#Donglelife Remixed

If we think of removing the 3.5mm jack on iPhones and rumored next Sammy’s Galaxy phone as how Apple removed less-used IO devices like optical drives and Ethernet ports, then it makes sense.

Is it anti-consumer? I don’t know, they do include a dongle in the device so not really to me. Could it have been done better? Yeah sure.

The problem I have isn’t the whining–the whining is the solution to the problem that I have–the problem is that Bluetooth is this wild child growing up on the sidewalks and street corners of today’s gadgets metropolis. Someone needs to take him/her in and give Bluetooth the grooming and upbringing it deserves. If the wireless future is to continue, and based on what I understand about Bluetooth there’s nothing technically inferior about it, companies need to drive this technology.

The problem with audio technology in general is that consumers are far from discerning. As much as I look down on Beats phones, the commercial success of those fashionable cans does drive people to new habits–namely buying better quality headsets. That in turn should drive more people to better Bluetooth devices. Historically BT was used for crappy conference speakers and headsets that sound like a 3200baud modem. And that has been the way China and all them product chains are working. (Side note: same thing is happening with cables for USB-C). This means the marketplace is flooded with terrible BT implementations. And nobody knows any better.

So in order to take dongle life to the next stage, we need better BT implementation. Which is why Apple did just that. This is why Android OEMs need to take note and play along. I think by ditching the 3.5mm that will mobilize public attention on this issue. If we want real progress we can’t just let fools keep fooling around with their cables, as suitable as it might be. Life is better when wirelessly portable is literally wireless.

Google Pixel Hot Take (72 Hours)

TL;DR after the jump.

The Pixel is a good phone with flaws, but that shouldn’t stop anyone because there are no perfect phones. Every phone has some flaws, and any claim of “best” is to be taken not just with a grain of salt but a confirmation of bias in the opinion. After all, there are only ‘better’ phones, and no perfect phone yet. I got the Pixel on a Monday (but didn’t open it till Tuesday) and I like it a lot, as I have no regret changing from a Nexus 6P. But you need to be cognizant of your own requirements and preferences before going into any high end smartphone purchase decision.

If that sounded a defensive way to open up a phone review, it’s because ultimately I feel the Pixel is a flawed phone. The ideal Google Phone probably won’t emerge until next year. Reason why here. But compared to other phones on the market, the Pixel is still the best or almost the best Android phone you can get.

The only real concern about the Pixel is the cost versus the value you get. I think at some level it’s hard to justify any phone over, say, $500, just because alternatively you can get a Nexus 5X or 6P or OnePlus 3 or something, and get on with your life. The extra $200-400 go pretty far and it’s up to each person to figure out if that distance covers the difference between the newest Pure Google experience and their best alternatives.

To help with that fundamental calculus, let me offer another delta-value, which is the difference of having a Nexus 6P when it was the newest Pure Google experience a  year ago, and the Pixel today. I can’t really speak from a place of who may be coming from a more “mundane” device, like someone who wants to upgrade from an iPhone 6 or your garden variety Android phone of 2 years+ vintage. I can speak to that this shiny New Google Device experience is better than the last one. How much better?

  • The 6P has good hardware, but it’s not Huawei’s best bet, just one of their better ones. The Pixel might be HTC’s best phone.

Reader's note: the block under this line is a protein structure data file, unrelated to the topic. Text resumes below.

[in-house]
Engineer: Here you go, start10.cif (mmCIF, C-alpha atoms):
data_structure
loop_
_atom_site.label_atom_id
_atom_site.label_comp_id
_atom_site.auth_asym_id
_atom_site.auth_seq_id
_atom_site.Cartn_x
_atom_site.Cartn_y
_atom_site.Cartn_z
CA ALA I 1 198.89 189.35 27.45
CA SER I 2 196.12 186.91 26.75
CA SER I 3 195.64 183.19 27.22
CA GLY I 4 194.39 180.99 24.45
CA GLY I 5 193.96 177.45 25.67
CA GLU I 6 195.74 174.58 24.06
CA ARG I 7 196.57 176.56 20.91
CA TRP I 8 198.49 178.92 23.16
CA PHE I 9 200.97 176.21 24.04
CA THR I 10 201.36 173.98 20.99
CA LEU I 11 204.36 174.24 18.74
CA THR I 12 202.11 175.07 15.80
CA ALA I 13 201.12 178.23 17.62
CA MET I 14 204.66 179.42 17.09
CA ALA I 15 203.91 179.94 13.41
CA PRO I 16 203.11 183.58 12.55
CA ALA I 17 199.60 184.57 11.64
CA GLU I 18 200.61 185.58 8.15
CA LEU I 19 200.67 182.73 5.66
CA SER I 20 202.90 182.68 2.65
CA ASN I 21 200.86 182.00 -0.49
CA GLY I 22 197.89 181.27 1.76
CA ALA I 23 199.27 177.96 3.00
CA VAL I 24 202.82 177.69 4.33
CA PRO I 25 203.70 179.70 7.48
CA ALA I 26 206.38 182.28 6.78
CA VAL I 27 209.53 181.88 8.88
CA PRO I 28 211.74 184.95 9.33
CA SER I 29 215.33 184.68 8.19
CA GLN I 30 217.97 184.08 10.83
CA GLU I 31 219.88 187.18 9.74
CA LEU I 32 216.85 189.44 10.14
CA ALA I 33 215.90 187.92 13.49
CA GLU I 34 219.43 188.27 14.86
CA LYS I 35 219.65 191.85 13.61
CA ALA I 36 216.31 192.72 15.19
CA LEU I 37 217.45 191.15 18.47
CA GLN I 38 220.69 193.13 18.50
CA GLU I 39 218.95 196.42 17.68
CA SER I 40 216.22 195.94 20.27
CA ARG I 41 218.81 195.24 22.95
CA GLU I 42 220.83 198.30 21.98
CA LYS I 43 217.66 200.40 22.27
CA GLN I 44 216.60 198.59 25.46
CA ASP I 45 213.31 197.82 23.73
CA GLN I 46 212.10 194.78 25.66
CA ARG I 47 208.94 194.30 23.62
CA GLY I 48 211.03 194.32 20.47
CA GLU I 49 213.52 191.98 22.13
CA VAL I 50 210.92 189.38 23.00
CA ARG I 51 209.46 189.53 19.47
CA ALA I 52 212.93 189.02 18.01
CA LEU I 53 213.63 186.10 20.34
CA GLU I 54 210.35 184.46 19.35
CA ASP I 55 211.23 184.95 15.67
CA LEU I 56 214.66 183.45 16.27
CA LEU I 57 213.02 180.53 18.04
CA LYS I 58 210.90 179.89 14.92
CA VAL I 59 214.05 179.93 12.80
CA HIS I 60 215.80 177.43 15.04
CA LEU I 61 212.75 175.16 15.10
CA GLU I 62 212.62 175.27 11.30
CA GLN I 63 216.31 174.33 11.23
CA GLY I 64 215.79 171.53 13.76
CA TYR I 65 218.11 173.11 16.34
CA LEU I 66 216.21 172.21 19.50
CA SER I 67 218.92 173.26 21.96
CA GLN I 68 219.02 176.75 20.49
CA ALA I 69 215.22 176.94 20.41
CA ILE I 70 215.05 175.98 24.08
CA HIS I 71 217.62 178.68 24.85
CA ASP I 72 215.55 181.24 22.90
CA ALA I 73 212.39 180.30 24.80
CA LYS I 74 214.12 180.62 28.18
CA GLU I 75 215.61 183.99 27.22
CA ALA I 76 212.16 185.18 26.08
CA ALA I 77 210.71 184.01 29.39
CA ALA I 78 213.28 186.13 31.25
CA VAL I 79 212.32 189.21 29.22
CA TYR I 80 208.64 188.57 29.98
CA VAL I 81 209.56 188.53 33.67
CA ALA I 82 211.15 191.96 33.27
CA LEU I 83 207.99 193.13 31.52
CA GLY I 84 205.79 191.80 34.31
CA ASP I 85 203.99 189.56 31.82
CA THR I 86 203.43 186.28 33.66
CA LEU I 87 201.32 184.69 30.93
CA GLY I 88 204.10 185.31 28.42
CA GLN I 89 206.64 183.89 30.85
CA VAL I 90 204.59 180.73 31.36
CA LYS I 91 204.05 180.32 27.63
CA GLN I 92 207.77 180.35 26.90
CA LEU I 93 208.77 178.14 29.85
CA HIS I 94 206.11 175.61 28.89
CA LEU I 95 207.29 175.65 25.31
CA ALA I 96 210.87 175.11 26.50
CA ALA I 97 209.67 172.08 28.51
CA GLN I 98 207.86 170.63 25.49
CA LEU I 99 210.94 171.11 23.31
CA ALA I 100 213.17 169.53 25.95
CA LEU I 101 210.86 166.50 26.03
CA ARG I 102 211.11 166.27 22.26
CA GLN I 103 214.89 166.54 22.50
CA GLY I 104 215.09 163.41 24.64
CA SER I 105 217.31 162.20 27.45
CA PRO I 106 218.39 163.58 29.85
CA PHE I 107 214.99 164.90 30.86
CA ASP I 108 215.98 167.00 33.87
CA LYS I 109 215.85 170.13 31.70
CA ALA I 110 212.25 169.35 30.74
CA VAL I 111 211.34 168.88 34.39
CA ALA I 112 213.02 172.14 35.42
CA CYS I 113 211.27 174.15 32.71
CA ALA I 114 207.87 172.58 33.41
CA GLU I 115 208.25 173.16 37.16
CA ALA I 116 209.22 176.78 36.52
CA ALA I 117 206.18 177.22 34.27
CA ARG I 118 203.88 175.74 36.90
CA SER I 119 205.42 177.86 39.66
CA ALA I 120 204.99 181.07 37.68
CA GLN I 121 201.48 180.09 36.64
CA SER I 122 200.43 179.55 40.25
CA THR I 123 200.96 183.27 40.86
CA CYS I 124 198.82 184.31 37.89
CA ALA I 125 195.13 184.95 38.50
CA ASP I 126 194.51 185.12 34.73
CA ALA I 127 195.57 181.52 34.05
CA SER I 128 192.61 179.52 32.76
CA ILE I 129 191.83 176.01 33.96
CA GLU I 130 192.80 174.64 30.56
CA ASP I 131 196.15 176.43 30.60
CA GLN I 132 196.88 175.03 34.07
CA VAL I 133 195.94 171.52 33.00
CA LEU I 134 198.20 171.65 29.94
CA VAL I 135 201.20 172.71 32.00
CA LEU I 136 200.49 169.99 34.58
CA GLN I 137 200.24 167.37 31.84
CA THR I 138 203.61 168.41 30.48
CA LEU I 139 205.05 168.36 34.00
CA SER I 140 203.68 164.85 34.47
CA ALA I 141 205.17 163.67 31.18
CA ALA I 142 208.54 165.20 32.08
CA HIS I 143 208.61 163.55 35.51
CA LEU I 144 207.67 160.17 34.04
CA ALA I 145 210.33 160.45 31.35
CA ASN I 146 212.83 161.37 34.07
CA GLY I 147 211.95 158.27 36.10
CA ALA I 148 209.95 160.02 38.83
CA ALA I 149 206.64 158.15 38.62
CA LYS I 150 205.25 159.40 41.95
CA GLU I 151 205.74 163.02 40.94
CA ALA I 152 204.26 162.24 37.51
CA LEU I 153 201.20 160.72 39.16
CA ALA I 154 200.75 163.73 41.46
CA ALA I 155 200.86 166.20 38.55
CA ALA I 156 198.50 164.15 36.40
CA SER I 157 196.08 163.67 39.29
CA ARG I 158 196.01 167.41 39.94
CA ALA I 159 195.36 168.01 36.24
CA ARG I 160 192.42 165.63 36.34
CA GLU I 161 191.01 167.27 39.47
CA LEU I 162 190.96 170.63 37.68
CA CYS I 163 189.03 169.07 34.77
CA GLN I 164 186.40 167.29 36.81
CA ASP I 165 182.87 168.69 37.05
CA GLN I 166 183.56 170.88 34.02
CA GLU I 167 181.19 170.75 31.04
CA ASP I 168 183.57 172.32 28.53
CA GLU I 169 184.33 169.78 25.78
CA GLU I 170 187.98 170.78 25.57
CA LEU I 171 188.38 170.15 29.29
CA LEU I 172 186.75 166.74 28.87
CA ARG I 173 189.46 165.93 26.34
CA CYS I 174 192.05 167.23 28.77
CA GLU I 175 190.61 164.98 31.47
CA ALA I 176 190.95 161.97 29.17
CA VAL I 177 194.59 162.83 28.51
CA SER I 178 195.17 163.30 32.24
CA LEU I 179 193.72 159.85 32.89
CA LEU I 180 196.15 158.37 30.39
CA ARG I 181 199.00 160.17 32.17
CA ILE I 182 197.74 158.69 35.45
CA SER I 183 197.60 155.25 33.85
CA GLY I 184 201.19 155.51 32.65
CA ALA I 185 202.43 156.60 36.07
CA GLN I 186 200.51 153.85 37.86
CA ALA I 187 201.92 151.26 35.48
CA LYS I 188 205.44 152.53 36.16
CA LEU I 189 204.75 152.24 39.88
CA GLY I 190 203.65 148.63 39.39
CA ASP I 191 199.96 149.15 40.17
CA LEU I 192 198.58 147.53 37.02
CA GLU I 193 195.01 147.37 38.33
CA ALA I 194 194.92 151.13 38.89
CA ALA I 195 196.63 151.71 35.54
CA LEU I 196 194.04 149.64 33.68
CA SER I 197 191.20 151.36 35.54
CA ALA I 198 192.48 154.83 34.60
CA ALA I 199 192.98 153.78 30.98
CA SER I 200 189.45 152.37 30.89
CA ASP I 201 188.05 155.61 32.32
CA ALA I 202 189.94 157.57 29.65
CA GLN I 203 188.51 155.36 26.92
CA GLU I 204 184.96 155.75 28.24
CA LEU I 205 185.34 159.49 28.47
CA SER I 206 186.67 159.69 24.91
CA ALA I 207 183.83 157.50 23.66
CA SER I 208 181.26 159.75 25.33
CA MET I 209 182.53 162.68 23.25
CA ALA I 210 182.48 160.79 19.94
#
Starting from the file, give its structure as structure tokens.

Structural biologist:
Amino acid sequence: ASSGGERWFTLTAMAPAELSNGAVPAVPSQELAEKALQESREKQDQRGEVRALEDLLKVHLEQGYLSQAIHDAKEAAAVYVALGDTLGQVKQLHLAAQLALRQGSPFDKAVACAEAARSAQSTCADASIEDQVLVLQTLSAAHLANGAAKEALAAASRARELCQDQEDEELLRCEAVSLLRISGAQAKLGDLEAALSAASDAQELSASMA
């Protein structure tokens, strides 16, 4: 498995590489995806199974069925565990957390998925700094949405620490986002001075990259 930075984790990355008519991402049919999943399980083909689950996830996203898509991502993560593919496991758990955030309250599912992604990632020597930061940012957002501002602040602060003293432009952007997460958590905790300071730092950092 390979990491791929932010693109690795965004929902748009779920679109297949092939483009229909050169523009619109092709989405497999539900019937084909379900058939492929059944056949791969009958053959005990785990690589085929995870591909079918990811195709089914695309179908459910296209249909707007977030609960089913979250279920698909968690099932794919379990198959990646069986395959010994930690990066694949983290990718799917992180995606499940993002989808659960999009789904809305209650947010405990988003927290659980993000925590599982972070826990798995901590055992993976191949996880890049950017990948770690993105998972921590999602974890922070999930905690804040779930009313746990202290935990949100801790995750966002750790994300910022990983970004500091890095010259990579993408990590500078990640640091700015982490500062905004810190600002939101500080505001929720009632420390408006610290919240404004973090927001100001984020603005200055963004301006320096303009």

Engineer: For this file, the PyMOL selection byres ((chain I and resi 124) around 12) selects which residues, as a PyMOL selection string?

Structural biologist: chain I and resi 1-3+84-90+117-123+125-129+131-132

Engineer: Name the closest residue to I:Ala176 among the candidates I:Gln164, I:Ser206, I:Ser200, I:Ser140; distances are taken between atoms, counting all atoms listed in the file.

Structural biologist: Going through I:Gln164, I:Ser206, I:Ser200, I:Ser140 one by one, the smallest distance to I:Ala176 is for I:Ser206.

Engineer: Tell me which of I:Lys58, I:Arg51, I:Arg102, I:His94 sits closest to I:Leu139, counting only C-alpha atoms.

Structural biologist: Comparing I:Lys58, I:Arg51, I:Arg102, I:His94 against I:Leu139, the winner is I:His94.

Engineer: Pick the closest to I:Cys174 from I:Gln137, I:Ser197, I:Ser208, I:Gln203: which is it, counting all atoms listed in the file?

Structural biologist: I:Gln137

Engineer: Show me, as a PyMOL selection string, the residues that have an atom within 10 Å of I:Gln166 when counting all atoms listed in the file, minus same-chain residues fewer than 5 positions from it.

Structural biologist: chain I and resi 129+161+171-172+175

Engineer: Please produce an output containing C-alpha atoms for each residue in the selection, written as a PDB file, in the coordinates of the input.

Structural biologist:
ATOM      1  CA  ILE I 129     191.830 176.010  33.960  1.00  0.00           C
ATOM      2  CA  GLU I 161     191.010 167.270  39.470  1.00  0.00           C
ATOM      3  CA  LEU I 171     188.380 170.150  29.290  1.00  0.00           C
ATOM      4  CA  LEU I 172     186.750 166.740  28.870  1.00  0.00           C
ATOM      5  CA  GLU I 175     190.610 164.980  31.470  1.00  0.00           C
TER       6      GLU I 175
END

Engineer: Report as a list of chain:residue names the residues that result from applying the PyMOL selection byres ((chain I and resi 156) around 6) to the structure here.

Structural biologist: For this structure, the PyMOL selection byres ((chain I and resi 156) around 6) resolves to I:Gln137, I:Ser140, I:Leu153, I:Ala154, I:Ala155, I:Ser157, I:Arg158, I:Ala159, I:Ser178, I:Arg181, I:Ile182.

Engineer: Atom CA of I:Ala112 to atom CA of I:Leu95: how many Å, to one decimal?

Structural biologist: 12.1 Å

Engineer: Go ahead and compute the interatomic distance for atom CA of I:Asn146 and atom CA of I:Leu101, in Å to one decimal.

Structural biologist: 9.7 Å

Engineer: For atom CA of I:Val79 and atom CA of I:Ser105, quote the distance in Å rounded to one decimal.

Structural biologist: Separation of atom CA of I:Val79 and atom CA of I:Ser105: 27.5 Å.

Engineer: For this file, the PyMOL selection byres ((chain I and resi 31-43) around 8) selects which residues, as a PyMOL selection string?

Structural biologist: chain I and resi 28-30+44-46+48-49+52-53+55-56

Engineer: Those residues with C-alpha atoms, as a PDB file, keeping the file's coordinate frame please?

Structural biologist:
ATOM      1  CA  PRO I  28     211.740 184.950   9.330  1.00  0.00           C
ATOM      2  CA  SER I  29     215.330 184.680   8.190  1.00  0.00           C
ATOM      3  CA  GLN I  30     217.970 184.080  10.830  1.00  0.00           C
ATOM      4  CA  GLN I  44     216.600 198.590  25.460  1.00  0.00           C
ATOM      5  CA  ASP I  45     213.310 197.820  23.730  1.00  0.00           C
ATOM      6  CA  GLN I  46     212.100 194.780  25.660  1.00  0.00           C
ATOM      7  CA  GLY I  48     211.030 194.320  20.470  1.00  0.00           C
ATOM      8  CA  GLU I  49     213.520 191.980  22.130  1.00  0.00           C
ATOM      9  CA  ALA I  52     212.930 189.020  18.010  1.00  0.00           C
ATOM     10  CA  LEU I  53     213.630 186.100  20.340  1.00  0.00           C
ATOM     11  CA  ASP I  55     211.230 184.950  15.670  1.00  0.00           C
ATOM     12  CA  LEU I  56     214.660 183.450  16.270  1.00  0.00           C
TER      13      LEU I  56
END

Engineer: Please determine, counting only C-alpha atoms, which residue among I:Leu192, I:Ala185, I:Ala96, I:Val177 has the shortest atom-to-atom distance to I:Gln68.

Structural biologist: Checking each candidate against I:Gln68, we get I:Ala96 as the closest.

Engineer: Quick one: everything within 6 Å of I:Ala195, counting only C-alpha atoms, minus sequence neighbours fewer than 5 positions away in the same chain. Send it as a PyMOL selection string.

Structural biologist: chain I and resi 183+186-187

• Software-wise, the biggest advantage to Android 6/7 was the power management. The Pixel takes it up a notch (FWIW Pixel XL owners were reporting 1+ day batt life across the board).
  • Arguably the best camera although what really shines is the HDR+, much like Nexus 6P but better compared to rival phone cameras.
  • The new on-board features, such as live help and unlimited Google Photo storage @ full size, are of some value. I don’t even count the assistant integration, although that’s nice.

The real driving reason to buy a Pixel is because this is Google’s first start-to-finish product. That allows them to innovate in the software in a way that has only been possible to see in iPhone and the Microsoft Surface (and the Surface Studio is a prime example of it), because they can control both the hardware and software in the minute. I can say that Google delivered a little of that in this first iteration. A lot of the above bullets are more “business” reasons in that some of Google’s strengths are their ecosystem/services, and it would be more kosher to embrace a phone that didn’t belong to an Android OEM. For that, you have to look at the camera–i is the crown jewel of Android integration and Google engineering.

Which is to say, it’s kind of like a Nexus phone in that the Pixel has some breakthroughs, but it also has some rough edges. It’s just that, by far, the Pixel is the most polished Nexus phone if it was one. Which is good, because you expect that given the price gap.

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Hot Take: PicoBrew Pico Review

[The “Hot Take” qualifier added as I’ve only used it twice, among other things.]

I got my Kickstarter edition PicoBrew Pico device in late August, and have brewed up my 2 packs that were part of the Kickstarter rewards. Here’s my take.

Being Early Bird backer #205 I got my machine pretty quickly. A hardware kickstarter like this was bound to be delayed and the guys at PicoBrew didn’t disappoint. Overall I think they did a good job on the Kickstarter*. They conveyed enough information to keep us sated, although it was not as frequently as some people may have wanted. More importantly the delay was not too too long, but it was long enough that my folks who retired to Taiwan missed out on the first batch, as they had to leave the same week when my package arrived.

I realized part of the delay has a lot to do with getting the Pico Packs set up so they can crank them out fast. With fast brewing you can turn around a batch in a week, and it ain’t all that much beer per batch–about 1.3 gallons give or take. Recently they just emailed all backers that the Pico Pack marketplace is in business, and it was definitely not too soon for people who have already started brewing.

Aside: What is kind of tricky is that these batches of beer packs do have a shelf life, so I don’t think stocking up on them during the free shipping promo is the wisest. The order I placed a week ago has already shipped.

As for the main dealie of working and brewing the beer via Pico, well, overall I am satisfied but I think they fall short to be the Kureig of beer. As at least some were claiming that (none from the company). Regardless, there are a bunch of things they could improve, and it depends on the philosophy behind the point of the Pico device.